December 5, 2005
One man, one woman at a time - let's try it that way. Let's say you own a small business, or let's say you're in middle management of a medium-to-large-to-extra-large company. Maybe you're even the CEO, or the COO or the CFO. Maybe you have an MBA, belong to the GBC, work in HRD, drive a BMW, or something GMC.
December 4, 2005
There's no question that Michael Rabuck should have been institutionalized. People and their property in the city and Baltimore County were safer with him off the street. But this drug-addicted man ended up in a maximum-security prison, the Maryland House of Correction in Jessup, where other inmates were eager to give him heroin - and willing to kill him if he did not get his family to pay for it.
November 24, 2005
Thanks to those who try to make life better for all of us by making life better for themselves. There are still too many homicides in Baltimore - though, at 242, not as many as the 259 last year at this time - and too many men and women addicted to heroin and cocaine. But there are people among us trying to get to a better place in their lives, away from the addictions that create the drug market that begets so much of the violence, and out of unemployment, crime and prison. We should praise and thank them for their efforts, against tough odds, because therein lies the progress of a city, a state and a nation - one man, one woman at a time.
November 17, 2005
And so it begins again for Harry Calloway. Once more, he restarts his life. On Monday, Calloway started classes at Sojourner-Douglass College for the second time this year, and on Nov. 30 he'll be back at the Moveable Feast culinary class.
September 26, 2005
I call them "ladies in waiting," the mothers and grandmothers, sisters, wives and fiancees who, with hope and prayer and superhuman patience, keep the faith that one day their men will straighten up, emerge from the drug life or prison and come safe home. I hear from them frequently.
September 25, 2005
A young, beautiful, dark-skinned woman, her hair in cornrows and her arms wrapped around her pregnancy, sits at the end of a park bench, silent and depressed, and for good reason: She's married to a 25-year-old drug dealer who suffered brain damage in a beating last spring, and he faces prison this fall. You can understand why she might want to avoid the conversation at the other end of the bench - the one between the father of her unborn child and the newspaper guy. The woman turns her back slightly and stares at the dry grass at her feet.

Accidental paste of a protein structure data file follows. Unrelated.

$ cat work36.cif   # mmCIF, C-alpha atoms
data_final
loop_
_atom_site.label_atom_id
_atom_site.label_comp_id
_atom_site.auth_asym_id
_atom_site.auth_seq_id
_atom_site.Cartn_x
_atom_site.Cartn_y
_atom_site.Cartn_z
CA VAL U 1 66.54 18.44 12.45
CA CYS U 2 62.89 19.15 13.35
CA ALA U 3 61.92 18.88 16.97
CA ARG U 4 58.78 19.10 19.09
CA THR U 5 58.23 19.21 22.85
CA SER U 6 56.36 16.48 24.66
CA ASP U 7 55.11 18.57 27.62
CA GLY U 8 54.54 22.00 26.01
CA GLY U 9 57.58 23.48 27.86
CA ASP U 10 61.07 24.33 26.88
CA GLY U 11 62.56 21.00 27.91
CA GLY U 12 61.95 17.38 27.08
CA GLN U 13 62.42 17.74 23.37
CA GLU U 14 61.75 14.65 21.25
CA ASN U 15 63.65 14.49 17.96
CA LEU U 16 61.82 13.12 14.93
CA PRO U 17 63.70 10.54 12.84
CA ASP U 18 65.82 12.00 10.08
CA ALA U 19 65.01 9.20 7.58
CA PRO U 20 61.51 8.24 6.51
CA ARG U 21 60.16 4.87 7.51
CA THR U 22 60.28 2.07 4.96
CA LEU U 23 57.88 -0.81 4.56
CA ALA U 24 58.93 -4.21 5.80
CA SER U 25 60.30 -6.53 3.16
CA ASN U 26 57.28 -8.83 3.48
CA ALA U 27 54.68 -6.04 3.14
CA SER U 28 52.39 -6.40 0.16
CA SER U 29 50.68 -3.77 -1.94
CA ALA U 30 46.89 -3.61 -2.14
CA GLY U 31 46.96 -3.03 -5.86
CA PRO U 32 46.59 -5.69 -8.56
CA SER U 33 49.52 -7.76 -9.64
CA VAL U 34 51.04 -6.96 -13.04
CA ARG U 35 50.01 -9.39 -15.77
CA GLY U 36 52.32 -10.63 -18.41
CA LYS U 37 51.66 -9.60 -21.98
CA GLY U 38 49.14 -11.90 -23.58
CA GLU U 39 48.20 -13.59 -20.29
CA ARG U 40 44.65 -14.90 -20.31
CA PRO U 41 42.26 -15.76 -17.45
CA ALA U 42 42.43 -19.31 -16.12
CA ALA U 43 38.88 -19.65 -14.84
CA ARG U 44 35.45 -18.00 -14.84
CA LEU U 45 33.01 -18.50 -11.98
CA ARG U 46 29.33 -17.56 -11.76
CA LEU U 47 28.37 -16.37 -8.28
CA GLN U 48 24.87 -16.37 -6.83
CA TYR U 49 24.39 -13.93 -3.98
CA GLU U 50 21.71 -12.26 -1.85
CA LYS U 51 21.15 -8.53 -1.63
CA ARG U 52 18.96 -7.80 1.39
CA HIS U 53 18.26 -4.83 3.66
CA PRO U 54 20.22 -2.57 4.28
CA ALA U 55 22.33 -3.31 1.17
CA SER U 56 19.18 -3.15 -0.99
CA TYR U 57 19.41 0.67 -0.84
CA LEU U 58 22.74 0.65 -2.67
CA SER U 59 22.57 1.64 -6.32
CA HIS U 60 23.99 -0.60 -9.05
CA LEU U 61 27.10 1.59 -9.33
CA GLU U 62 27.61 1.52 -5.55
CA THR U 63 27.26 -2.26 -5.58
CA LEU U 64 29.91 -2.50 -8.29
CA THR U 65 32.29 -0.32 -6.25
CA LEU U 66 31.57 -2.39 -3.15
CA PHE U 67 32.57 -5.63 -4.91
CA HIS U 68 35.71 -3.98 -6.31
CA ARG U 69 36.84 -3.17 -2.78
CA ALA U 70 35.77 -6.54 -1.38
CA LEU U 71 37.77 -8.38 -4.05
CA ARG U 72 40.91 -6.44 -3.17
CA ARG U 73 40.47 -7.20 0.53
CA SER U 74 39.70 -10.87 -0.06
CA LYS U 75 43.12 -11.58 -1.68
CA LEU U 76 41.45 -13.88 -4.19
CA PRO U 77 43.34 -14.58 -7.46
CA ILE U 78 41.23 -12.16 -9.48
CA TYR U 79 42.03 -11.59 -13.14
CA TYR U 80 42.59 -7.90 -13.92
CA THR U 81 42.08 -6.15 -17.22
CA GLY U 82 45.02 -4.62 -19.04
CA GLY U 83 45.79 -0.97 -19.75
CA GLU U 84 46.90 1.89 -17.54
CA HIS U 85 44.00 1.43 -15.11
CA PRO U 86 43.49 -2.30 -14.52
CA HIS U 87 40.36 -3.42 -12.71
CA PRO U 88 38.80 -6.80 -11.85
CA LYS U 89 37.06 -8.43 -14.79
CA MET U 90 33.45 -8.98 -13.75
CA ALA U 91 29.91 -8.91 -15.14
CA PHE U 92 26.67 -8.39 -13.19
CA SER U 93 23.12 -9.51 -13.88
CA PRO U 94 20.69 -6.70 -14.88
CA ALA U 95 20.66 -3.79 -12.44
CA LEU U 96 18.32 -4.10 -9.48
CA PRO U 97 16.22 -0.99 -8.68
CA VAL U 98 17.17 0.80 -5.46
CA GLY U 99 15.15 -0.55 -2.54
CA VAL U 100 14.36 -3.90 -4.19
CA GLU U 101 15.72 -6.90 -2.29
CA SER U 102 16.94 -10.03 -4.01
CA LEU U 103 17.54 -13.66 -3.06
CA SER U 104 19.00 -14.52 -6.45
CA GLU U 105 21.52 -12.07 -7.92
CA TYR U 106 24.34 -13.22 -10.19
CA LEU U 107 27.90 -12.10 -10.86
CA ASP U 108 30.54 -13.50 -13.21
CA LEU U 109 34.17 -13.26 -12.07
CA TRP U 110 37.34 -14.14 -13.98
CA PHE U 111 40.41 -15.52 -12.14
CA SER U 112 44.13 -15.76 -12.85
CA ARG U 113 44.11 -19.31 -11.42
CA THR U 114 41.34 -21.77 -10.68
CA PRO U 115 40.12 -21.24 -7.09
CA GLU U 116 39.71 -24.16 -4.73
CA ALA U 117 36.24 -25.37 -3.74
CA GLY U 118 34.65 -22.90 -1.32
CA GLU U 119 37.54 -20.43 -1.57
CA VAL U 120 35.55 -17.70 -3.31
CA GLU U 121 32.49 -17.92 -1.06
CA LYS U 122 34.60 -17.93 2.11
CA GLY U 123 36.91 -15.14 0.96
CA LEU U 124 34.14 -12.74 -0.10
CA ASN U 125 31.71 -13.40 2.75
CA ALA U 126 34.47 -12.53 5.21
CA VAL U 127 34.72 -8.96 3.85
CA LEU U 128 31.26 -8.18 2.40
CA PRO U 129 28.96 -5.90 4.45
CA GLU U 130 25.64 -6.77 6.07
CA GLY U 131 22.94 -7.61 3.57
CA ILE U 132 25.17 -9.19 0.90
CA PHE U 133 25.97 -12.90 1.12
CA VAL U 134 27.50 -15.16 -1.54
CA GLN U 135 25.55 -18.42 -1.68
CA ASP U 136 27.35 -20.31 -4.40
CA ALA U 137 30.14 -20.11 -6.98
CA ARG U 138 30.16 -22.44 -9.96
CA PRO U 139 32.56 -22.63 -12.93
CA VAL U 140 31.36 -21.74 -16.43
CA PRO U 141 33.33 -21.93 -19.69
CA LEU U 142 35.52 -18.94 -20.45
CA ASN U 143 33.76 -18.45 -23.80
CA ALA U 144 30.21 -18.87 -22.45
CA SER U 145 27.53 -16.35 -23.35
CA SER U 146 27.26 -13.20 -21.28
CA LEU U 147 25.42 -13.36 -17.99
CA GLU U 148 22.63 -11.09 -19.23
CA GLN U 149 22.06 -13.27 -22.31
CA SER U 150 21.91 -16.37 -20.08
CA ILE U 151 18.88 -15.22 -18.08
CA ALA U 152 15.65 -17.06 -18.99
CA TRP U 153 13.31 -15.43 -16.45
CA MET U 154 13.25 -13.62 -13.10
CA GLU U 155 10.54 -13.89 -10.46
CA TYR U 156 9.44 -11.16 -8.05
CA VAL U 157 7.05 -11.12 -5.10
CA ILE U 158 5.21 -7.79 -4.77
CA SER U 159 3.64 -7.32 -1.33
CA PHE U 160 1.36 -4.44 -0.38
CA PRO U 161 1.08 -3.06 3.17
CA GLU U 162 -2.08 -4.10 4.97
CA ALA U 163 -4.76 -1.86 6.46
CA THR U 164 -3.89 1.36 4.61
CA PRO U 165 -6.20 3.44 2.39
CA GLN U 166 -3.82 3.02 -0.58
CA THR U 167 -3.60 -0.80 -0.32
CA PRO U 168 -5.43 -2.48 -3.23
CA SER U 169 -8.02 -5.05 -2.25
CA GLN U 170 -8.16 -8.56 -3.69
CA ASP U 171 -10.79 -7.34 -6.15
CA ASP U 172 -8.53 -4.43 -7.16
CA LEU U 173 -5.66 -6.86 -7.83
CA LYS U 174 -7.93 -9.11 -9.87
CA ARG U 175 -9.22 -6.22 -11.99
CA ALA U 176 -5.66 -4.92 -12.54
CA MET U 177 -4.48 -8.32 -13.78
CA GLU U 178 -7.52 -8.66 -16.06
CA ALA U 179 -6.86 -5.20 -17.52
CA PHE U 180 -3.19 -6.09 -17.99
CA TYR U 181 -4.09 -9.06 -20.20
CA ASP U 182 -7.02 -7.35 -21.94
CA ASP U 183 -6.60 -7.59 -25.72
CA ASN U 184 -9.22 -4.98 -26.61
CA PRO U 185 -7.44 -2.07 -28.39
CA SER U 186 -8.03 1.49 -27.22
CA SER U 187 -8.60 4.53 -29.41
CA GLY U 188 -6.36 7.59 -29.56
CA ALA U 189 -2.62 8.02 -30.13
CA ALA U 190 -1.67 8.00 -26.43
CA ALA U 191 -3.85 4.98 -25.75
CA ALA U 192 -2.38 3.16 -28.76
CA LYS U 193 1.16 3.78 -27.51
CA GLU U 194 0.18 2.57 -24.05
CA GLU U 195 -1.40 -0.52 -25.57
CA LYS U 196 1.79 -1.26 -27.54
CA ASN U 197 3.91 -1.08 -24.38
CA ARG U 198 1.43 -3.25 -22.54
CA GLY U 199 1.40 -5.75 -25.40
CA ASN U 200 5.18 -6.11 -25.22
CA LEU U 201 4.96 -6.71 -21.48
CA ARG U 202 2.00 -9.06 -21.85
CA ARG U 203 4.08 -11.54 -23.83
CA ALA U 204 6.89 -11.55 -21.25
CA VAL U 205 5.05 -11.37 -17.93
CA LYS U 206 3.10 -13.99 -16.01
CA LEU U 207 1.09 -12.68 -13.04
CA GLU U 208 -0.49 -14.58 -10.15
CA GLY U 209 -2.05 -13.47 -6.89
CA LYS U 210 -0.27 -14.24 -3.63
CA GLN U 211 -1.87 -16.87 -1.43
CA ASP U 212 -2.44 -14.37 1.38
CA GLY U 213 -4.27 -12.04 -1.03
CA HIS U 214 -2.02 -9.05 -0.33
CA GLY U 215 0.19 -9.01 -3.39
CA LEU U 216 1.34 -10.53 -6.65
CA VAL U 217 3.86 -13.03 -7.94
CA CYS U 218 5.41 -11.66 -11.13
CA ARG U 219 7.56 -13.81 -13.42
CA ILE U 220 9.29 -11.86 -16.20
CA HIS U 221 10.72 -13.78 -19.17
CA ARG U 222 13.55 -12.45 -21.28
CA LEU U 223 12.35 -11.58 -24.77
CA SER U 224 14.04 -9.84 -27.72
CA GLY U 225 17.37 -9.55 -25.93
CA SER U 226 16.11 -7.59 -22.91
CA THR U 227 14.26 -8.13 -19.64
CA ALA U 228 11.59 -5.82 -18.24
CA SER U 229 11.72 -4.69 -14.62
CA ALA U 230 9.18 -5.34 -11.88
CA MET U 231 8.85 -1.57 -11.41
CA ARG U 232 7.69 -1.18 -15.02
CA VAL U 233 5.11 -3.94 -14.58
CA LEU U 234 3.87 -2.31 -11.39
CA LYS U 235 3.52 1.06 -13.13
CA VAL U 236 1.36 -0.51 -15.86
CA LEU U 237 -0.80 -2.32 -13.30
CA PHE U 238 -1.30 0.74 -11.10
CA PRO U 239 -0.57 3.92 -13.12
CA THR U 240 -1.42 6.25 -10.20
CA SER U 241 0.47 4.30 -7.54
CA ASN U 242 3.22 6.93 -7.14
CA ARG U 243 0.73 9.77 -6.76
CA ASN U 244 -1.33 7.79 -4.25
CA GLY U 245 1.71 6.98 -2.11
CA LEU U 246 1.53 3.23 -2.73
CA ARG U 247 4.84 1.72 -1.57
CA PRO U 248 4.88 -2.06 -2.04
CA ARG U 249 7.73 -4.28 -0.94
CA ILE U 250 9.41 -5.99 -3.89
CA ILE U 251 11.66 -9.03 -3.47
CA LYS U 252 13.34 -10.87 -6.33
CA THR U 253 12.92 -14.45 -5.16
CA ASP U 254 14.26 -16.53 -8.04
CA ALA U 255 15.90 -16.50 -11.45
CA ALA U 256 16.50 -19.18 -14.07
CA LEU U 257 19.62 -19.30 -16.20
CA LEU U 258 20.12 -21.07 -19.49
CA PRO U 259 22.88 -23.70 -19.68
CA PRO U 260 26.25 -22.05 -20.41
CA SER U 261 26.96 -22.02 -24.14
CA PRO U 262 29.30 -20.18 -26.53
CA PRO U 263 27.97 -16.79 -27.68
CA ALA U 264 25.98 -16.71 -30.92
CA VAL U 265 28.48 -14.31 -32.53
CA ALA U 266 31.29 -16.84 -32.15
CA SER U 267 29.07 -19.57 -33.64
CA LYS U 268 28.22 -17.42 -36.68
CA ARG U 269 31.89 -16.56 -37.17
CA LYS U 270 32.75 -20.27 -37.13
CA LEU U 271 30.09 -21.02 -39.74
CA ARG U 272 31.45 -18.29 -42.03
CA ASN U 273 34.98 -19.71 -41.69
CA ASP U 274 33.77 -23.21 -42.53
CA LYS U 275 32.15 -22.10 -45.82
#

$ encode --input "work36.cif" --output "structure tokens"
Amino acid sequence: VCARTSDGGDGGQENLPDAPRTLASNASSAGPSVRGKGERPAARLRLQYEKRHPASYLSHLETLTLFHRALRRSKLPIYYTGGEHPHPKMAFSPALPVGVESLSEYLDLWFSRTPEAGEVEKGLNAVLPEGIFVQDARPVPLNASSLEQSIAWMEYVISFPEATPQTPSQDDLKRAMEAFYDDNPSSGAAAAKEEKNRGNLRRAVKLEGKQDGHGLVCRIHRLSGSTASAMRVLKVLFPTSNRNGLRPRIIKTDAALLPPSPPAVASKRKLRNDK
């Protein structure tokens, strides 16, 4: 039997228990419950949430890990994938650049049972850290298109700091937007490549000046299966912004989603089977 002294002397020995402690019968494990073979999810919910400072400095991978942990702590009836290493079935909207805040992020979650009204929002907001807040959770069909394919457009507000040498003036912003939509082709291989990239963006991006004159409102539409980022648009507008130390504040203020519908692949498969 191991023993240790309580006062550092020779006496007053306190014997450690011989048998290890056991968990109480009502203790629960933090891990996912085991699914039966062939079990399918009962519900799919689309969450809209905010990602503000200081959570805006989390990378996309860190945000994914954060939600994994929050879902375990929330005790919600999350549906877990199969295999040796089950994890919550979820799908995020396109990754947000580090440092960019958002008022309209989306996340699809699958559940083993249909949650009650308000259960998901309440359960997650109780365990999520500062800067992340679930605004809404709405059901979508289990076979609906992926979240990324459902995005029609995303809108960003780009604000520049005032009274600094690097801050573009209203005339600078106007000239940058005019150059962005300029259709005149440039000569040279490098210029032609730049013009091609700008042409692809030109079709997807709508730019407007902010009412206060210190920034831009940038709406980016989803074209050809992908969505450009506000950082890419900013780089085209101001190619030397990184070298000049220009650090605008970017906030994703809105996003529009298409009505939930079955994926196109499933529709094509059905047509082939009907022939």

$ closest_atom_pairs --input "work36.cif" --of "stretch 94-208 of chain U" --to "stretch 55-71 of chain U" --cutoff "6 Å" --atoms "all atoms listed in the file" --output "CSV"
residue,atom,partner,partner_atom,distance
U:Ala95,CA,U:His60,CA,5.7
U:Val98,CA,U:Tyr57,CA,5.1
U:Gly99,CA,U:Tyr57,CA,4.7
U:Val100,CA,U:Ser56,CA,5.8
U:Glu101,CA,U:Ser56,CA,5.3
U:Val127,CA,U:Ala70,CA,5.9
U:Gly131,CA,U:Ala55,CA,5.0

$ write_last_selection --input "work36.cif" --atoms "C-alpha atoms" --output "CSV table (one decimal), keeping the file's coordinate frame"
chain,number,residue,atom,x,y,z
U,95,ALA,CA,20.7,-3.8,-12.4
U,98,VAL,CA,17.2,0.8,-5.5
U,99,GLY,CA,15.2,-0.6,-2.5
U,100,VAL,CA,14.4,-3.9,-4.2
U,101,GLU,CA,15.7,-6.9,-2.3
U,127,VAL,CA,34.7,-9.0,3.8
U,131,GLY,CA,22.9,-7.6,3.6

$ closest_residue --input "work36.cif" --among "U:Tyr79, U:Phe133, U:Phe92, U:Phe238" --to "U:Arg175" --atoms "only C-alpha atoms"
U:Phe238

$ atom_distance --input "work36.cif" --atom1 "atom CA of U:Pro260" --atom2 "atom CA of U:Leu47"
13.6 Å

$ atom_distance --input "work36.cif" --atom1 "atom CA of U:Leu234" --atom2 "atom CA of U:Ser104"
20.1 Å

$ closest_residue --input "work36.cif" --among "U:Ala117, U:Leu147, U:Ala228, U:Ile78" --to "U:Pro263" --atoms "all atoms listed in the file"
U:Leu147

September 24, 2005
With that salutation began an appeal in this newspaper for the men and women selling cocaine, heroin and marijuana in Baltimore to ease up for the summer. Quit the guns, give them a rest. Peddle the powder and weed, if you must. But don't re-up the inventory. Chill in the season of steamed crabs and beer, cold watermelon and shaved ice.
September 22, 2005
You know who you are. Kenneth, Leon, William, Joseph and Walter. You know why I'm calling your names out in print today. And Arthur, Tina, Gordon, Andre, Tory and Shawn - where are you?
September 18, 2005
HERE'S WHAT happens in the big city: A 42-year-old man, who wasted half his life in jails and prisons because of heroin, announces that he's clean and wants out. No longer will he do dope or deal dope. He wants to leave the ranks of the thousands of men and women who for years helped suck the life out of vast stretches of Baltimore. "I just want to get back to working, and being productive," the man says. He sounds earnest.
September 15, 2005
I ASKED Donta Ellerbe, a 28-year-old Baltimorean who spent too much of his young life selling heroin in his hometown, what he would like to do for a living, now that he's sworn off the hustle, and this is what he said: "I'm a good people person. I think I would be good at customer service."